The EU-US Privacy Shield, designed to protect EU citizens’ personal data when it is transferred to US organisations, has now been in place for a couple of months. How is it shaping up?
How we arrived at the Privacy Shield…
Under current EU data protection laws, as well as under the forthcoming General Data Protection Regulation (GDPR), personal data can be sent to entities based outside the EU only if one of the specified protections are in place. One protection mechanism is that the relevant territory guarantees EU residents a level of legal protection that is “essentially equivalent” to that guaranteed by the EU.
The previous EU-US regime (the “Safe Harbor”) was stopped in its tracks by a European court ruling that it was invalid. The court focused on concerns about systematic mass surveillance of private citizens on the part of US government authorities, as revealed by Edward Snowden.
The Privacy Shield agreement was intended to replace and overhaul the Safe Harbour regime for data transfers from the EU to the US.
Data security under the Privacy Shield
The Privacy Shield includes substantial additional protections over the Safe Harbor. Participating companies must:
- provide detailed information to individuals about their data processing activities, including information about the type of data, purpose of processing, right of access and the choices available to the individual
- set out the available remedies should a complaint arise
- offer an independent recourse mechanism to investigate and “expeditiously resolve” individual complaints
- limit personal data to that which is relevant for the purpose of the processing, reliable for its intended use, accurate, complete and current
- allow data subjects to opt out if their personal data is to be disclosed to a third party or used for a materially different purpose
- only allow onward transfers where (1) the transfer is for a limited and specified purpose; (2) it is carried out on the basis of a contract (or comparable arrangement); and (3) that contract must provide the same level of protection.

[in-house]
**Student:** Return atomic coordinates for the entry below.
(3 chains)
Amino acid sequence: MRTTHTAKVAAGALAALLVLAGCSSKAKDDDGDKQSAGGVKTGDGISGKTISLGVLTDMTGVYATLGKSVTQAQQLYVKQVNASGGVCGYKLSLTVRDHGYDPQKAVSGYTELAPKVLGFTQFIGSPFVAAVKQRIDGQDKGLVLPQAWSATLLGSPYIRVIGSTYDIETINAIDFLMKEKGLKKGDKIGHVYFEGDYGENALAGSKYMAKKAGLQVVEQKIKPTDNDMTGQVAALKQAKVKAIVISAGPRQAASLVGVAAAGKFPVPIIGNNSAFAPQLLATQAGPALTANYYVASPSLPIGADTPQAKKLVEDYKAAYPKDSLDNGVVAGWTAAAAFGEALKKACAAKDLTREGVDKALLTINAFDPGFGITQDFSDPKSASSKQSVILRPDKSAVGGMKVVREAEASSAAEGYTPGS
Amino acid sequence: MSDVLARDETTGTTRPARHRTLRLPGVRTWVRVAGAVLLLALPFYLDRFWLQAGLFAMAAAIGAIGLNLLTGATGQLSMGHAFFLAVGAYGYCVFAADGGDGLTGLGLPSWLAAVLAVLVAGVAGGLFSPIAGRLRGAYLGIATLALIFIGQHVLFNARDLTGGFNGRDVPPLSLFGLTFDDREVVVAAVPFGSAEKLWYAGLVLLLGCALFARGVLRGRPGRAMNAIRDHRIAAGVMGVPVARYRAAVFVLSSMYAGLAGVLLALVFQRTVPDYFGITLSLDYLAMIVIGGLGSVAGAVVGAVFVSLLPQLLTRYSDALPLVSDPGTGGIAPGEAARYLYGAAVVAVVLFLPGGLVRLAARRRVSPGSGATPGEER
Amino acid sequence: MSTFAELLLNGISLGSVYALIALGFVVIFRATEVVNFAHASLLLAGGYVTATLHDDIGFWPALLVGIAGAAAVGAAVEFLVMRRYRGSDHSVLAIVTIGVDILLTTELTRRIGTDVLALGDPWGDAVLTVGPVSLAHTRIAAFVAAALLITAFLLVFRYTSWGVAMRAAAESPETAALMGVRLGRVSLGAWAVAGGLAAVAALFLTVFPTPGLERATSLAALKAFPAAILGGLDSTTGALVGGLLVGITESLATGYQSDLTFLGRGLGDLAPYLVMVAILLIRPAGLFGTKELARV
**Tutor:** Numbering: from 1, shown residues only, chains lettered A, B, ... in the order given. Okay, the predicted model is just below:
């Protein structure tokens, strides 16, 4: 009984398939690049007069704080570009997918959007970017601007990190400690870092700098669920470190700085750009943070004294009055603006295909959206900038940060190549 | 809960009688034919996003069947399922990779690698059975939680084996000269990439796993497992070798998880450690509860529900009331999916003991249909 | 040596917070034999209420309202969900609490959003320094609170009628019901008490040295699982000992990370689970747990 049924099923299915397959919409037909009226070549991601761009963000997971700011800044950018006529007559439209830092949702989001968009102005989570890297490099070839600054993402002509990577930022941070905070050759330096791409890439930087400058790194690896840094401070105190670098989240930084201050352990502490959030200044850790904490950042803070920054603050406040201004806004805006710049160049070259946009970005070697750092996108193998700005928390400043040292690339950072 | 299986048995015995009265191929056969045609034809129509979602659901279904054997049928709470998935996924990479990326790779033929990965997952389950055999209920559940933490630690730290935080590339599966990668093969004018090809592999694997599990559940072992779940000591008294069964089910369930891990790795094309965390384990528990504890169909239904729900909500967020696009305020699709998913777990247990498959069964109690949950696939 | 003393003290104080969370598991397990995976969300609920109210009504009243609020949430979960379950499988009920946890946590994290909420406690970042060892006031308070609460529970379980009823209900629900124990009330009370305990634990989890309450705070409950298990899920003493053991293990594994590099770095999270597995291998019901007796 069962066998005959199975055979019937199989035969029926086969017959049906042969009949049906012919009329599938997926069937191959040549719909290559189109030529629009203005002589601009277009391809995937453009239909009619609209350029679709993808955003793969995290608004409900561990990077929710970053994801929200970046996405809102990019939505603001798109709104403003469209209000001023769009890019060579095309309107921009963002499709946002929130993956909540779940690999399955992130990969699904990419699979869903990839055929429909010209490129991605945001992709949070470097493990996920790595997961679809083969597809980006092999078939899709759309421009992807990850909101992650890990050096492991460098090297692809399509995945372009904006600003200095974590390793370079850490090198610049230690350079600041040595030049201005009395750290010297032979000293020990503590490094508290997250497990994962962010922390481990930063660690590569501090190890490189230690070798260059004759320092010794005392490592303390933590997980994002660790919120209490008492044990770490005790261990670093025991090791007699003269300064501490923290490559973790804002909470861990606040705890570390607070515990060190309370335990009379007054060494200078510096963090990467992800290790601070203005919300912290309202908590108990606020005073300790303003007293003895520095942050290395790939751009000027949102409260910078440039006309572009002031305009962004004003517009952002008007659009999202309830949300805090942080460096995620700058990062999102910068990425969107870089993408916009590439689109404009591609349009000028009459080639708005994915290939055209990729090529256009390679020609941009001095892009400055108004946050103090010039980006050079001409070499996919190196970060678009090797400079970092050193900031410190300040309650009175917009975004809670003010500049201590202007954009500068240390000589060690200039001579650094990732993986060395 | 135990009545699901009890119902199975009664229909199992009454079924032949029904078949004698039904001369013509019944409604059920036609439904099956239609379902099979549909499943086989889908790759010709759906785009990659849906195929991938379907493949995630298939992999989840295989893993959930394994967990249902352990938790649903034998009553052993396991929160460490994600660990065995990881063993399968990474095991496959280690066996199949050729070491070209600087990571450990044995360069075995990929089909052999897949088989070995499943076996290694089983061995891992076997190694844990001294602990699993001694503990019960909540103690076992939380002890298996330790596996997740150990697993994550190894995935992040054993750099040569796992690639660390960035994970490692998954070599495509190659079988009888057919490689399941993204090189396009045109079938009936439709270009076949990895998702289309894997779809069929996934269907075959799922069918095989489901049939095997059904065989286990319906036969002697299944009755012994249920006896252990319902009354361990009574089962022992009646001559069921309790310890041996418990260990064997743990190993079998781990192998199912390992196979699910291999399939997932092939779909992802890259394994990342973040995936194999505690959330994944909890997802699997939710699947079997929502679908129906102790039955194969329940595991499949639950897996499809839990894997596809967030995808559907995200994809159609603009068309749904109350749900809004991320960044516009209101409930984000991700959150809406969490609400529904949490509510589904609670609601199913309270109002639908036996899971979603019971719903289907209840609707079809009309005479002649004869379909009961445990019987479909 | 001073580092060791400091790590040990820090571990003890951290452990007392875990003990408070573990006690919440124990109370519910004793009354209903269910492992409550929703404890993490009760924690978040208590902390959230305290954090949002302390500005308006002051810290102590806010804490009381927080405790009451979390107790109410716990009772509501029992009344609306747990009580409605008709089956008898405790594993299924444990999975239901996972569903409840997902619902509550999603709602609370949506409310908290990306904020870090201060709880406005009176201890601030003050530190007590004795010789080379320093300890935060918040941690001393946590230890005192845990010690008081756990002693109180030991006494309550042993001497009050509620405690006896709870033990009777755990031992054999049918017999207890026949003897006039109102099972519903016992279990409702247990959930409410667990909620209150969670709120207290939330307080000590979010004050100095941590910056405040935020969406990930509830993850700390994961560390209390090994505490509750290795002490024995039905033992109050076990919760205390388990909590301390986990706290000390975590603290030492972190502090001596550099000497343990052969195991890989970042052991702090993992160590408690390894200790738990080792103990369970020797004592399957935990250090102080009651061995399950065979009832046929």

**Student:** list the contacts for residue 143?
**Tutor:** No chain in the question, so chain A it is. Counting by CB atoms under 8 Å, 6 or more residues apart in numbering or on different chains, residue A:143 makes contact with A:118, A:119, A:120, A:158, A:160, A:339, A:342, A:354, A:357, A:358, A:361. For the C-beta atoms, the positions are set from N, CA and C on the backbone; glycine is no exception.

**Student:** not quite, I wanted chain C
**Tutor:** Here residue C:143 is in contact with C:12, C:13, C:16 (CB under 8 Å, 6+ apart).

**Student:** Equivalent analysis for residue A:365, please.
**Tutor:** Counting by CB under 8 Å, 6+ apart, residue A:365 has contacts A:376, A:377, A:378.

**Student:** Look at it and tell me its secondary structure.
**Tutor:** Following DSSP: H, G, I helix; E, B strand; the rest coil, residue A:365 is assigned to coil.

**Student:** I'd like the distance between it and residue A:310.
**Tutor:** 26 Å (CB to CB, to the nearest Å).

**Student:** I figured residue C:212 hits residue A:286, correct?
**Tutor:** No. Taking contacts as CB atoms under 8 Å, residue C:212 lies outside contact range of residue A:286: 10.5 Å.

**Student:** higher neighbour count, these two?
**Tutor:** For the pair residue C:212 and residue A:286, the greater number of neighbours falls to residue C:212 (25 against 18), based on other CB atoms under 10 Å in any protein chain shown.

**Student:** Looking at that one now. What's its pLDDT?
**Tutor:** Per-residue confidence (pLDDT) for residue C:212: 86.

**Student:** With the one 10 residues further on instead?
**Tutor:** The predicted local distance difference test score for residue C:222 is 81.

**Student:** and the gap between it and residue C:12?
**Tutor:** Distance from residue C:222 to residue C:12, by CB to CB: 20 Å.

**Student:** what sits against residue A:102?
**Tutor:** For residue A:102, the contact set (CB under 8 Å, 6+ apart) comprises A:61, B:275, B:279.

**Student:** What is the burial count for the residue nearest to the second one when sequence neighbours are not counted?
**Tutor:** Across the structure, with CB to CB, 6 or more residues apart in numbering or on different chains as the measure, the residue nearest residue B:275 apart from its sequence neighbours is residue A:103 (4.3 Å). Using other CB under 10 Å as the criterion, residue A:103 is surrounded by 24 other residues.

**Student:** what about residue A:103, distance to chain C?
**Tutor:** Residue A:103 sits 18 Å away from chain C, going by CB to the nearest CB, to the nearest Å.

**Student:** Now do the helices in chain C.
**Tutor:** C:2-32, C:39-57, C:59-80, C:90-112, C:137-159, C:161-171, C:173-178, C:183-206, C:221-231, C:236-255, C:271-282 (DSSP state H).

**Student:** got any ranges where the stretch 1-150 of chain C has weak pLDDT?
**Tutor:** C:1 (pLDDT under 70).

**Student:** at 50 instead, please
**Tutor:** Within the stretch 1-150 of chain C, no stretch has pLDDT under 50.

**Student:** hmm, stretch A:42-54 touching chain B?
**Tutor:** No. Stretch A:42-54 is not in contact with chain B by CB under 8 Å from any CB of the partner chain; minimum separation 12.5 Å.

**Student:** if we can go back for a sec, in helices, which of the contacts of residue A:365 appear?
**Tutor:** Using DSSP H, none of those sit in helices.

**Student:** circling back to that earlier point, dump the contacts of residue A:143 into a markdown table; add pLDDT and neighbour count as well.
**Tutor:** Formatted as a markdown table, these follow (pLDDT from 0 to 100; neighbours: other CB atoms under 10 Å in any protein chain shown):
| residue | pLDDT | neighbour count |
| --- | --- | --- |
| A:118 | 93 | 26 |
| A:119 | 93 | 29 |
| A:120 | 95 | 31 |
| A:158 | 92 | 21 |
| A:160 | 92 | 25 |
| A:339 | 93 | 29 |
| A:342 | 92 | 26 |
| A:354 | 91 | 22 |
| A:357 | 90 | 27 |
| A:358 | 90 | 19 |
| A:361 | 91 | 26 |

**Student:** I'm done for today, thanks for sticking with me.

There has been some high-profile take-up of the new regime, with companies such as Microsoft, Google and Dropbox signing up. But there has been vocal opposition, particularly from individual activists, including Safe Harbor challenger Max Schrems and Edward Snowden.
EU Data Protection and Privacy regulators group WP29 previously raised concerns around the independence of the redress mechanisms available and also the continuing potential for indiscriminate data collection and surveillance. When the Privacy Shield comes up for its first annual review in the summer of 2017 WP29 will take a long, hard look at the arrangement.
Overall take-up has been cautious. A survey in August suggested that only 34 percent of companies intend to use the framework, others preferring to rely on other data-transfer mechanisms such as standard contractual clauses (IAPP report here).
However, standard contractual clauses (SCCs) are also under challenge through the Irish courts.
Standard Contractual Clauses under threat
The SCC protection for data transfer is being challenged on a similar basis to the Safe Harbor, with a court hearing expected next year. A summary issued by the Irish regulator, the DPC, explains the background to the case and gives a trial date of 7 February 2017. The DPC has several concerns about the SCC mechanism, particularly around the absence of an adequate legal remedy for aggrieved EU citizens whose data has been transferred.
The case has attracted international attention with applications to take part from ten organisations. The Irish court will allow the US Government, BSA Business Software Alliance, Digital Europe and EPIC to contribute to the case. A referral to the European court will probably follow.
The Privacy Shield and other mechanisms for cross-border data transfer are unlikely to see further significant changes this year but are likely to change again in 2017. In the UK, the Brexit vote does not alter the need to comply with EU-based legislation now. It also seems likely that data protection laws in place at the time the UK formally leaves the EU (likely to include the GDPR) will be retained by the current government.
This article courtesy of guest blogger Edward Hadcock of Mills & Reeve LLP.